Most recently, the collaborative initiative The Chancery Lane Project (TCLP) has published a raft of new contractual clauses to cover a variety of ways property agreements and leases can place obligations on parties to use their properties in an environmentally conscious way. Its Net Zero Toolkit contains, for example, "Hannah's clause" to consider green service charge provisions. Meanwhile "Aatmay’s clause" (which Taylor Wessing was involved in drafting) incorporates sustainable and circular economy principles into repair and alterations provisions.
The upshot is that while there is no market standard green lease, a combination of ambition and expectation are evident in some key principles:
The largest green lease theme is undoubtably the simplest: clauses which seek to protect each party's position under the MEES regulation. Routinely, tenants are not permitted to propose works or install plant that might impact (negatively) on environmental performance or the existing EPC rating. They might also have to liaise with the landlord in the event they are legally required to obtain a new EPC, a move that could inadvertently drag a landlord within the auspices of MEES breach. The landlord may meanwhile want to reserve rights to enter tenanted areas and carry out energy improvement works. Some landlords in fact create detailed EPC policies, specifying a choice of assessor and pathways to registration, etc.
While there may be a corollary outcome that increased efficiency means reduced tenant outgoings, there could well be a scrap over the capital cost of improvement in the first place. The ability of a landlord to recover these sums via the service charge will likely come down to the negotiating power of each party. In the meantime, parties might use efficiency or circular economy principles on the use of goods and materials in the common parts, or costs capture for measuring/benchmarking environmental performance in the building.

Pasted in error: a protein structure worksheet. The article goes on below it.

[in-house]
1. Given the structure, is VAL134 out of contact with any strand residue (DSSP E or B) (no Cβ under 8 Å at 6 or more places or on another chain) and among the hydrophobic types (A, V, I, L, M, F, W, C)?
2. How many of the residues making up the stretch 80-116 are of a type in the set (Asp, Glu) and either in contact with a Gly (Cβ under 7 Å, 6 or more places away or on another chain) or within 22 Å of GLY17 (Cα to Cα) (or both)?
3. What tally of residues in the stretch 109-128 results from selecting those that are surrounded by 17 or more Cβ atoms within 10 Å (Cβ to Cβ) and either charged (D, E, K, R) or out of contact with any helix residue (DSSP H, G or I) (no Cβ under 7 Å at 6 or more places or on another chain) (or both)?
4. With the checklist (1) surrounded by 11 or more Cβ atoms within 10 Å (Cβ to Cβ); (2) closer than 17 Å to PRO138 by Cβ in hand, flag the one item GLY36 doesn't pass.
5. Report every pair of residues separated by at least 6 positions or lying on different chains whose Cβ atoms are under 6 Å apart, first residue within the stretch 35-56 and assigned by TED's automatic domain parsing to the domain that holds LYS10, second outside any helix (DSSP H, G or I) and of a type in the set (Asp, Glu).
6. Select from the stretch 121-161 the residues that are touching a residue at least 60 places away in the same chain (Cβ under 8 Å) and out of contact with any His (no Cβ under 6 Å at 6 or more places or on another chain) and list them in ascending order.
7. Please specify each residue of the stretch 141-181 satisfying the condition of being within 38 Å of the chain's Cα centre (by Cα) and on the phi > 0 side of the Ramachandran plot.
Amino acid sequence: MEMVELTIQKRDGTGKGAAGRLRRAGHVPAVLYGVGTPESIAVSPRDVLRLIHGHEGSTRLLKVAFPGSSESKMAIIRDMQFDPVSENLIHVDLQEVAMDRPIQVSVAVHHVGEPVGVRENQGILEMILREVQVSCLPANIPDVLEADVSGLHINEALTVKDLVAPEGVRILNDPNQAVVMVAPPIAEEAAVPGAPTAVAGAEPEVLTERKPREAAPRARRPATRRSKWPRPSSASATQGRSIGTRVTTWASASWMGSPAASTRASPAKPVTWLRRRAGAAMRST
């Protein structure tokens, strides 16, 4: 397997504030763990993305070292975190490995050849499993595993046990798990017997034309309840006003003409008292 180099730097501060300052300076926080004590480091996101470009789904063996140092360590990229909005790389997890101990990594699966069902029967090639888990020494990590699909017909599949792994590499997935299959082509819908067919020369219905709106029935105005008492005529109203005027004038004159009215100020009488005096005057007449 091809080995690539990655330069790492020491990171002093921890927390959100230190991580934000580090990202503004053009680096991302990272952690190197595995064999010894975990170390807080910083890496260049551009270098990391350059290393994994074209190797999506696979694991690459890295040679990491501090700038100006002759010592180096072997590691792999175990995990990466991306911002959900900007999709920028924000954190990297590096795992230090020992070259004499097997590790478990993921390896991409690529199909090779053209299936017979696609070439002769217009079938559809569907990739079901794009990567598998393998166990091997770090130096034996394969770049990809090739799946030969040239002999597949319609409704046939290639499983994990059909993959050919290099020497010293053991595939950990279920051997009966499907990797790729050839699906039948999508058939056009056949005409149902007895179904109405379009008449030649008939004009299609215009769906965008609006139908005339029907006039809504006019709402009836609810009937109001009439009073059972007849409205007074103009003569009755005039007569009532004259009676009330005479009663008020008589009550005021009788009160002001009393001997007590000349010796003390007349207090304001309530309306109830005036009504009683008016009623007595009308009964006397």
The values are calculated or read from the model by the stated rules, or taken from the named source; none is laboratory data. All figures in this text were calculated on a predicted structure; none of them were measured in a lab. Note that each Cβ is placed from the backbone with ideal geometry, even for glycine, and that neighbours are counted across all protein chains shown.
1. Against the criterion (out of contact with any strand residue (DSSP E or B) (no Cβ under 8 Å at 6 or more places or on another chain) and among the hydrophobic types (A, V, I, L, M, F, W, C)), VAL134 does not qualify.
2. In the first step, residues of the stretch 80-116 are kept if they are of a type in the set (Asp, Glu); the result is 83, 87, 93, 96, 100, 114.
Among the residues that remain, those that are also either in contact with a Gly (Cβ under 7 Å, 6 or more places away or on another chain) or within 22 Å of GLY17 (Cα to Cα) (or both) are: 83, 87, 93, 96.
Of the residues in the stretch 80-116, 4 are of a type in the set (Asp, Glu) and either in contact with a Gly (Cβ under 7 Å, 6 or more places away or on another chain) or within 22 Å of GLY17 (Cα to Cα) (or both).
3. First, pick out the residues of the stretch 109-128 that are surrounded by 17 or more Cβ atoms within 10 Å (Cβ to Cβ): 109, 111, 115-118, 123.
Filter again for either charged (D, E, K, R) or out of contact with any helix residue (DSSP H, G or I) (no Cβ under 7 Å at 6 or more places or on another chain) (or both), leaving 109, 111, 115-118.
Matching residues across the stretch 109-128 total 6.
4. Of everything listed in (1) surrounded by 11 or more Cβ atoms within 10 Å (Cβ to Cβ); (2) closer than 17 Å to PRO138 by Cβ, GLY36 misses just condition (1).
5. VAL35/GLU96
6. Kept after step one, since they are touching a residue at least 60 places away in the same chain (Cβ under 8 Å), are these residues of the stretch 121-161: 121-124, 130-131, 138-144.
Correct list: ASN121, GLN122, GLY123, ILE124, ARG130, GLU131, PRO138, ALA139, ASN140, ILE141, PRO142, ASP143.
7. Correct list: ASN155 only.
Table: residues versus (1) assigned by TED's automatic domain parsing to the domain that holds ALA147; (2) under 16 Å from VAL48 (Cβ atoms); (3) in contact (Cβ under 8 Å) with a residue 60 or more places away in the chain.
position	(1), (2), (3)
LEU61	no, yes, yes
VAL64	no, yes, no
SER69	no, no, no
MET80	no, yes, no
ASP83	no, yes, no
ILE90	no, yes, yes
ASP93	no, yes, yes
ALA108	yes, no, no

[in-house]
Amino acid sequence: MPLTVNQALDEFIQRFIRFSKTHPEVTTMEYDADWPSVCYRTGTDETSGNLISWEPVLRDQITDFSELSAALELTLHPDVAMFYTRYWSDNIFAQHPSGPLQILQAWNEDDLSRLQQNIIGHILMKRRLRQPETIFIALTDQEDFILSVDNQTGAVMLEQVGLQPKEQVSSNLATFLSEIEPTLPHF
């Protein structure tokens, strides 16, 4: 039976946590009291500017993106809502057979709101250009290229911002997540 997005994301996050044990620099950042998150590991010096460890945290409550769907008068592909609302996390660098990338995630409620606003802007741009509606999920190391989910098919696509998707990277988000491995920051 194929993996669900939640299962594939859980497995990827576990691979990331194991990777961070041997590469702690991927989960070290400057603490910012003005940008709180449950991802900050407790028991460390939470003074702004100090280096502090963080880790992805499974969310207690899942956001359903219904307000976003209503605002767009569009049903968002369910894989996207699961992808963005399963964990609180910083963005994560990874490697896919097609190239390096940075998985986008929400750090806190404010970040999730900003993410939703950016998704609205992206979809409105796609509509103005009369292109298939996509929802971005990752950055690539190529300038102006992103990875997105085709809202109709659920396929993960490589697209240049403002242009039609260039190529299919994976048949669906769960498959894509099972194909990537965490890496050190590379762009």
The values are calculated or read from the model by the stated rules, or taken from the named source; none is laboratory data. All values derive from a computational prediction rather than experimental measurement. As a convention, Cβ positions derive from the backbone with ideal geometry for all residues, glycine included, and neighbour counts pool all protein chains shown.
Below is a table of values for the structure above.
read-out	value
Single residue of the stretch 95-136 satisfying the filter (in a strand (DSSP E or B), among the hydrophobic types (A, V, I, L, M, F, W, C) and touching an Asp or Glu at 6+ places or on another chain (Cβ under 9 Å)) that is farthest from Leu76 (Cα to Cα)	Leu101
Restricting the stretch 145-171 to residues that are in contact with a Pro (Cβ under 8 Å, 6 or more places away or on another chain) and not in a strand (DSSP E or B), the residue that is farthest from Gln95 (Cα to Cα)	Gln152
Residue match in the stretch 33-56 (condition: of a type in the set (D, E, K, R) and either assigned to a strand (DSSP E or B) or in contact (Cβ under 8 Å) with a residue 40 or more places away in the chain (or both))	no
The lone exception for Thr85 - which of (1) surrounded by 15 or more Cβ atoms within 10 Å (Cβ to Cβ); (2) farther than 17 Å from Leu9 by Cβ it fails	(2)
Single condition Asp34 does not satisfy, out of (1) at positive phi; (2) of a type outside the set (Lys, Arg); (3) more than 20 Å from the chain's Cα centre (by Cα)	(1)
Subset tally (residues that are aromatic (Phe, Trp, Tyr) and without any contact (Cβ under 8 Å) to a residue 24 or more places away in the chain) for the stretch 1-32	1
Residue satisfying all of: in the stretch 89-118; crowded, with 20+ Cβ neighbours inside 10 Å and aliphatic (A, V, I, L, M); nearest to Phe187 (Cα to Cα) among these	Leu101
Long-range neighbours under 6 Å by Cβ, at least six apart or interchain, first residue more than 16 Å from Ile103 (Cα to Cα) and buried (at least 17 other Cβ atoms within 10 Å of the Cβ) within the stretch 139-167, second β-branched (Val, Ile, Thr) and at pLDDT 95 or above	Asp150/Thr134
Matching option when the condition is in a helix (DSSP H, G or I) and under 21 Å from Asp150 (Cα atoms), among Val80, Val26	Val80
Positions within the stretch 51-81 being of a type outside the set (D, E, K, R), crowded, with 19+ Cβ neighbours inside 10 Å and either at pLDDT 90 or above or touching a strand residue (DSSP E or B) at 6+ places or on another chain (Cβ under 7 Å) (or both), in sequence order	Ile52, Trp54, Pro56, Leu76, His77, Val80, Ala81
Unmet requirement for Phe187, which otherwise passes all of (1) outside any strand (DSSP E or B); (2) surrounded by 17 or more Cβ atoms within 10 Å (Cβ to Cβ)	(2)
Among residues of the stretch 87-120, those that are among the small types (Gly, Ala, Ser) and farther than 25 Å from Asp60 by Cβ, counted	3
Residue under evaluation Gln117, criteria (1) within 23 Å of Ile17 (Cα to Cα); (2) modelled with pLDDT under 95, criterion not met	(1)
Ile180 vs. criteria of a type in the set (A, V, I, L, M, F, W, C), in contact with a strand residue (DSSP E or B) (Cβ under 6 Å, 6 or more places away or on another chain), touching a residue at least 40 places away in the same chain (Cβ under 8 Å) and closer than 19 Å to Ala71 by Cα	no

There can be negative environmental consequences and waste generated by a tenant having to reinstate at the end of the term. Some landlords will therefore agree to waive reinstatement obligations where the tenant's works have improved environmental efficiency, or where reinstatement would impact adversely on environmental performance.
Another big theme is co-operation between landlord and tenant to improve environmental performance. The landlord and the tenant might agree a series of KPIs and goals on energy use upfront, or they may merely confirm a joint wish to promote and improve environmental performance and pledge to co-operate (without legal obligation) to identify appropriate strategies.
A multi-tenanted estate might justify the creation of a quasi-formal "environmental forum" that will bring landlord and tenants together regularly to review existing environmental performance plans and agree targets and strategies moving forward. To date, the obligations for this seem largely based around creating a safe space to discuss issues (possibly with the managing agents) without creating legally binding requirements.
Crucial to the performance of any forum or performance initiative is going to be data, and many green leases therefore contain agreements on regularly sharing the "environmental performance data" that each party holds for the property. This could mean allowing access to meter readings, or submitting rafts of other operational/performance figures. There can be tensions here relating to confidentiality, but clearly drafted protections for third party disclosure and use can alleviate such concerns.
Of course, maintaining a certain EPC rating is only half the story for actual operational performance. Landlords might therefore import circular economy principles into repair/decoration covenants, restrict changes of use that may adversely affect the energy performance, or simply draft new building management obligations to require switching lights off or recycling.
Clearly the reference to "green" is made in the context of the environmental pillar of ESG, but as notions of sustainability mature it's likely that lease parties will think more about their property's social or governance credentials. Many clients have one eye on a rating from GRESB, for example, an industry-led provider of transparent ESG data to financial markets. GRESB specifically asks for evidence of "social initiatives" when applying ratings. Such things do ask a lot from a standard leasing arrangement, but landlord and tenant relationships, particularly on an estate, might well look to improve the wellbeing of occupants or surrounding communities (for example opening up ground floor circulation space or setting up education initiatives). We'll be looking to the social pillar of ESG in more detail in a future series of The ESG Collection.
The contents of any green lease will clearly differ quite dramatically depending on asset class and property layout. However, before the wolf huffs, puffs and catches property owners out, it will pay reputationally - and in operational efficiency terms - to get ahead of the game by prioritising sustainability in property leases.
For more information on how green leases could support your business's sustainable values, get in touch with a member of our team.